199 words about Drive
You don't need to know the route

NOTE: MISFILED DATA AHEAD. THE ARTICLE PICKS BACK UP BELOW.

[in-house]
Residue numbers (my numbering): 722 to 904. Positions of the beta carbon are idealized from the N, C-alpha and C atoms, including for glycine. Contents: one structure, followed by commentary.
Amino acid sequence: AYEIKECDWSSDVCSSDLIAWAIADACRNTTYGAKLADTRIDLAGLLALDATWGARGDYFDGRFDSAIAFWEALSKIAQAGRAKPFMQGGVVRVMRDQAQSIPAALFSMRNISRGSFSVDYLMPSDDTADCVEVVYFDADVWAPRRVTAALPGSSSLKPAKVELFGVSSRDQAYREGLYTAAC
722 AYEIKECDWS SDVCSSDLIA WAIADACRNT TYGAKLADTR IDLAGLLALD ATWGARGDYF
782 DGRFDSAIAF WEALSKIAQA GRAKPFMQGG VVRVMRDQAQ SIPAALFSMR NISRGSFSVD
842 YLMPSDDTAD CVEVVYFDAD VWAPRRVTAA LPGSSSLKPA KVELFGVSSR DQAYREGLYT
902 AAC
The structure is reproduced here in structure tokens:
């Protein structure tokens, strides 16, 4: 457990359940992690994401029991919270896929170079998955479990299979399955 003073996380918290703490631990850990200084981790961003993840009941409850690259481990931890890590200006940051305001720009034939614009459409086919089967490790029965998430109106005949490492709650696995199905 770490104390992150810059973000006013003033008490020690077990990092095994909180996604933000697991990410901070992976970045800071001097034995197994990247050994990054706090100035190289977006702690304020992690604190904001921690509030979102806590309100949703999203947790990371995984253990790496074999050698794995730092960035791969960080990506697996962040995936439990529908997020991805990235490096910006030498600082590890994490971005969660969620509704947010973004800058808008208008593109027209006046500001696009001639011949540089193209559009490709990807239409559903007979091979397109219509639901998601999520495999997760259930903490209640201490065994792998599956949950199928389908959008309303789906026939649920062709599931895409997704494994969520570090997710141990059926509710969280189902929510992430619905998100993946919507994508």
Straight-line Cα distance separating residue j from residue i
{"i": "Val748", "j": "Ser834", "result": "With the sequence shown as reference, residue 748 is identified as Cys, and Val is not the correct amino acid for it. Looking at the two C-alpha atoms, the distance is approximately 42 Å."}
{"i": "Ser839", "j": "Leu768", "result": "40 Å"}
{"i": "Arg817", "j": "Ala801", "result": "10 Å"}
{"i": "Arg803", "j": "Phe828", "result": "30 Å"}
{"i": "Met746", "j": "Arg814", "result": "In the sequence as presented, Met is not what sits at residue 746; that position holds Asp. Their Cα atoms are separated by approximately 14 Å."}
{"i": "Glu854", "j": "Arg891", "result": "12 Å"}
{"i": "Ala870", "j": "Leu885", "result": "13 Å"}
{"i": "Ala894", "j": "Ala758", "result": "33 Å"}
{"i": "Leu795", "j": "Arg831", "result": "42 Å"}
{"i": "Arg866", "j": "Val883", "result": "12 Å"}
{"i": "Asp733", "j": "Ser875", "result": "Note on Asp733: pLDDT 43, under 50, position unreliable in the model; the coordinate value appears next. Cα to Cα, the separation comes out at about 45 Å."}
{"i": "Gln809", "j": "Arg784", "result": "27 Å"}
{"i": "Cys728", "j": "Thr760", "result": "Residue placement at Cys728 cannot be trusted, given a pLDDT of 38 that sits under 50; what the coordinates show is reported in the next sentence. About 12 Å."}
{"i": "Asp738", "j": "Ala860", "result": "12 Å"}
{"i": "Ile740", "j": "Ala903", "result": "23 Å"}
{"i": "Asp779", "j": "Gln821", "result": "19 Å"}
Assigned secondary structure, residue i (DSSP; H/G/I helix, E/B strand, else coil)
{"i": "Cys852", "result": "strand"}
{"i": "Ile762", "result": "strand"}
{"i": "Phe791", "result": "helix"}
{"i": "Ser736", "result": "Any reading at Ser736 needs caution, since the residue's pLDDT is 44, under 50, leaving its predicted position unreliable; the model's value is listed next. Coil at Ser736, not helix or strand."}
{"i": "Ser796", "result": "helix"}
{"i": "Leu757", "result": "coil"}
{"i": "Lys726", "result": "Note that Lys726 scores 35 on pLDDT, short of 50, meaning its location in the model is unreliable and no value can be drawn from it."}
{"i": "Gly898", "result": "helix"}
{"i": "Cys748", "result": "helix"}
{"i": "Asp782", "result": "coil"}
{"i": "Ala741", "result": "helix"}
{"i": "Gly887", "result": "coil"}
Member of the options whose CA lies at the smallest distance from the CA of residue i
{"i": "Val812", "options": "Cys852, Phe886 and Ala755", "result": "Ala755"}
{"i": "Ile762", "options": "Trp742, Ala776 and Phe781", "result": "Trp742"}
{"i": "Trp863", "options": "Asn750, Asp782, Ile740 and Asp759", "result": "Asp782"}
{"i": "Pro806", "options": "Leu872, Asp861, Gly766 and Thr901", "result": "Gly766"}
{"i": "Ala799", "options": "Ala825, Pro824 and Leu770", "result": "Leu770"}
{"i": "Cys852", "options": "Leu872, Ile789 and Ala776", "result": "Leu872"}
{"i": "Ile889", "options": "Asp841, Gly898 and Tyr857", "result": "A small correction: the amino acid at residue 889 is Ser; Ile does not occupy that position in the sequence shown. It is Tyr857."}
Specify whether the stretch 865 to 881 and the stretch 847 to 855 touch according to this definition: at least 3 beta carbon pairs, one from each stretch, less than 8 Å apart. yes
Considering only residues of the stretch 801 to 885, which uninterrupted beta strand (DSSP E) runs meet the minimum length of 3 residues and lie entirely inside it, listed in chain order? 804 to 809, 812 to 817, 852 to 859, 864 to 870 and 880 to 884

I think a lot about how a woman sued the distributors of the movie Drive because she thought she was going to be watching a F&F-esque jawn starring the Goz and instead got the filmic equivalent of a slow-burn synth jam. I wonder what she thought of the opening getaway drive sequence, pretty much now iconic. Cinephiles talk up this scene and yet the wonder of it is how basic it is. Aside from a few seconds here and there, there are no car stunts. It's a chase constructed out of lucid visual geography, precise editing, the muffled churning of the Chromatics' "Tick of the Clock," and Gosling's eye movements. Every detail is carefully placed to create tension and feel cool. It works: I feel cool as shit when I watch this scene. Los Angeles at night becomes a labyrinth to harbor the forsaken if they've got a guide who knows it intimately, who knows the nooks and rhythms, who can escape the system's searchlights by slipping into the city's bloodstream. You will believe that Gosling's Driver could Uber you out of hell, and you'll never have to say thank you. In fact, some will sue. Forgive them, Father.